3. Methodology

3.1. Publication Collection

To identify relevant publications, a stepwise review approach was employed. The review was based on the database of Web of Science (WoS) and included all articles that discussed and presented social media for cultural and urban heritage conservation. A PIST tool was designed by drawing lessons from the PICOS method in the medical field of research to define the keywords of the search preparation [61,62]. The PICOS search tool contains five criteria initially: (1) Population: communities engaged in the cultural heritage management process; (2) Interventions: social media; (3) Comparison: offline community engagement; (4) Outcomes: outcomes of participatory governance; (5) Study design: Statistical analysis of participatory methods in case studies. However, as the PICOS tool does not accommodate terms relating to cultural heritage studies, it has been modified into a “PIST” (population, interventions, settings, timing), a new tool where the Comparison (C), Outcomes (O), Study design (S) were excluded to meet our needs better. Following that, we further supplemented two criteria to limit the objects to the cultural heritage generally: Setting (S): cultural heritage, and Timing (T): duration or date of publication, which intends to further increase the identification of qualitative articles.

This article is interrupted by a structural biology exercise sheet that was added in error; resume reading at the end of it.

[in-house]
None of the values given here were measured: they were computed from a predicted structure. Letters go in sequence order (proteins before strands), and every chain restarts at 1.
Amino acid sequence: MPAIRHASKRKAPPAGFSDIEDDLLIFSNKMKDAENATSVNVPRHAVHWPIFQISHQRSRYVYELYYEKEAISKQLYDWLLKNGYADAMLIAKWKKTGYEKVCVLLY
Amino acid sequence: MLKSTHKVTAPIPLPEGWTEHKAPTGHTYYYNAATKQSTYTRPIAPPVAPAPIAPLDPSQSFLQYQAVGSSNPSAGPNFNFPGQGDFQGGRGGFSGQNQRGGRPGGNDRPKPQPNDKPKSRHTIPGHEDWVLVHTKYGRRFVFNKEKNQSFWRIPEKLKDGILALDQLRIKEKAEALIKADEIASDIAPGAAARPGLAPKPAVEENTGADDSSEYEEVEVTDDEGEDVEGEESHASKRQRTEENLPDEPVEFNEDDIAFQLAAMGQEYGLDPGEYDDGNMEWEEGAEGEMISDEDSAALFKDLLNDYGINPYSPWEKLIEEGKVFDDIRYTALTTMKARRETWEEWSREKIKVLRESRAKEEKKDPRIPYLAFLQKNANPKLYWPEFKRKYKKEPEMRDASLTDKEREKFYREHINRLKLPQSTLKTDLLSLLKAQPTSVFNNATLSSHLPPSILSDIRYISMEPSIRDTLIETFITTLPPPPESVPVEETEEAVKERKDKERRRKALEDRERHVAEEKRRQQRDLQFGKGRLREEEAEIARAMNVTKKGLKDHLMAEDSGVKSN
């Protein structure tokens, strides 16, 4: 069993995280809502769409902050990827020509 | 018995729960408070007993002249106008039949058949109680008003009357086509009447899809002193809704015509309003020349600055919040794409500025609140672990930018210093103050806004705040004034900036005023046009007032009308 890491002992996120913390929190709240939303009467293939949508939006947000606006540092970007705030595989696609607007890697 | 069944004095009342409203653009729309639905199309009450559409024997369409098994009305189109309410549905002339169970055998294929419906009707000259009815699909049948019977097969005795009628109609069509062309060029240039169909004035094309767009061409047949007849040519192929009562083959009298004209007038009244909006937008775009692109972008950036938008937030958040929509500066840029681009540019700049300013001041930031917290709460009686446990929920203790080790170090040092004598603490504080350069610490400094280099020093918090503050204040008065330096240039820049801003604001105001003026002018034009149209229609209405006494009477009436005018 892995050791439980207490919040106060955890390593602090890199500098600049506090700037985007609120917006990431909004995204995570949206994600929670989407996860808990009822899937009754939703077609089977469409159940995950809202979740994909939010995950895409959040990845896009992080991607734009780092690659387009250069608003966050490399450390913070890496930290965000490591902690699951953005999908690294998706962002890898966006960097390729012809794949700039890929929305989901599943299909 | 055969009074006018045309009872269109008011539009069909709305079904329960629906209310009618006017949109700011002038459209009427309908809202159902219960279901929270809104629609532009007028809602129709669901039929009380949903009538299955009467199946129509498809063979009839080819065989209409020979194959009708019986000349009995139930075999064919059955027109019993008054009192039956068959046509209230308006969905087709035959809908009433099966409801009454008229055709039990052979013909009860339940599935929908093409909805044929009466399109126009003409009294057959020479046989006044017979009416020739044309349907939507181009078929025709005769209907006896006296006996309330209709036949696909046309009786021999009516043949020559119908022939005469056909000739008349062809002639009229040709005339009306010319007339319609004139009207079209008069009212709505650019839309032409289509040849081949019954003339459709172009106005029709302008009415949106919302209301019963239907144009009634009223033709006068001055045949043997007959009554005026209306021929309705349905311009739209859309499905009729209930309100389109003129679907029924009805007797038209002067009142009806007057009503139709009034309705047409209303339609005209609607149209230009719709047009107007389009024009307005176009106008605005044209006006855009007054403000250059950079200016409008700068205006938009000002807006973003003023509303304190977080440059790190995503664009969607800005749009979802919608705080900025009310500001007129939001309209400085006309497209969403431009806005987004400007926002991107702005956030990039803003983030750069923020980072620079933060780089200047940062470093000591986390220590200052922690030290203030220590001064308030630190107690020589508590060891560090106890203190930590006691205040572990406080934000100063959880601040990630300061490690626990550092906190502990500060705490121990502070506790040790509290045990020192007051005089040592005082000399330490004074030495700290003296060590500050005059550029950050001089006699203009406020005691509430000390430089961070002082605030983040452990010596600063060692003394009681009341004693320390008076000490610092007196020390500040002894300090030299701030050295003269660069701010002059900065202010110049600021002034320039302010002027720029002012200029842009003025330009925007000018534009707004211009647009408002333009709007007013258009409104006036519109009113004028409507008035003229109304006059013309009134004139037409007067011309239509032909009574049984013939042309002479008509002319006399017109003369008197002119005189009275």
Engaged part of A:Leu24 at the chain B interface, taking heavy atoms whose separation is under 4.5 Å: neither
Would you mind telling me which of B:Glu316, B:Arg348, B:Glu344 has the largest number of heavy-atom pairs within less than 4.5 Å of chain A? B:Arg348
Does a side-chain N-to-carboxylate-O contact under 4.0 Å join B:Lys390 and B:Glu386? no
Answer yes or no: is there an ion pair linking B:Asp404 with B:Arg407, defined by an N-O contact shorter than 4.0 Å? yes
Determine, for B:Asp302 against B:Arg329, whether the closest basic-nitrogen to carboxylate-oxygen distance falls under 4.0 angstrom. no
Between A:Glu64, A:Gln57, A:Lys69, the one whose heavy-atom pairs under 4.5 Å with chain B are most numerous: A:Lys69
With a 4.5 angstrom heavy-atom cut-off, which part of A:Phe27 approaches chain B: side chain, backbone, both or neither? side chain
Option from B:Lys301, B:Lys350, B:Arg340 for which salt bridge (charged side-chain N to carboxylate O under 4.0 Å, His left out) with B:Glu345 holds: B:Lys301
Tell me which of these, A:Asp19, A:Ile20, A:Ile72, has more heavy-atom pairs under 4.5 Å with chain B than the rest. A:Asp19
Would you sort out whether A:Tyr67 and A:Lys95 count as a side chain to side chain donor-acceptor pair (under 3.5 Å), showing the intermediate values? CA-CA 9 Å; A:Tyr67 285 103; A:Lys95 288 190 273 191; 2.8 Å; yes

A series of keywords and their synonyms is involved, namely public participation, community engagement, civic collaboration/participation, audience collaboration; cultural heritage, urban heritage, historic city, historic district, historic settlement, historic area, historic plan; social media, social network, digital, online. The key features and criteria which lead to corresponding keywords and synonyms are shown in Table 1. In line with it, the search string is defined as “Ts = (((Public or communit* or civic or audience*)Near/3 (participat* or engage* or collaborat*))and(((cultur* or urban*) Near/3 (historic* Near/2 (Cit* or district* or settlement* or area* or plan*)) or heritage))and((social Near/3 (media or network*) or digital or online)))”. The defined search string was further refined by adding a date range limit (1985–now) and a language setting (English only). In this phase, 248 document results returned by 26 July 2020.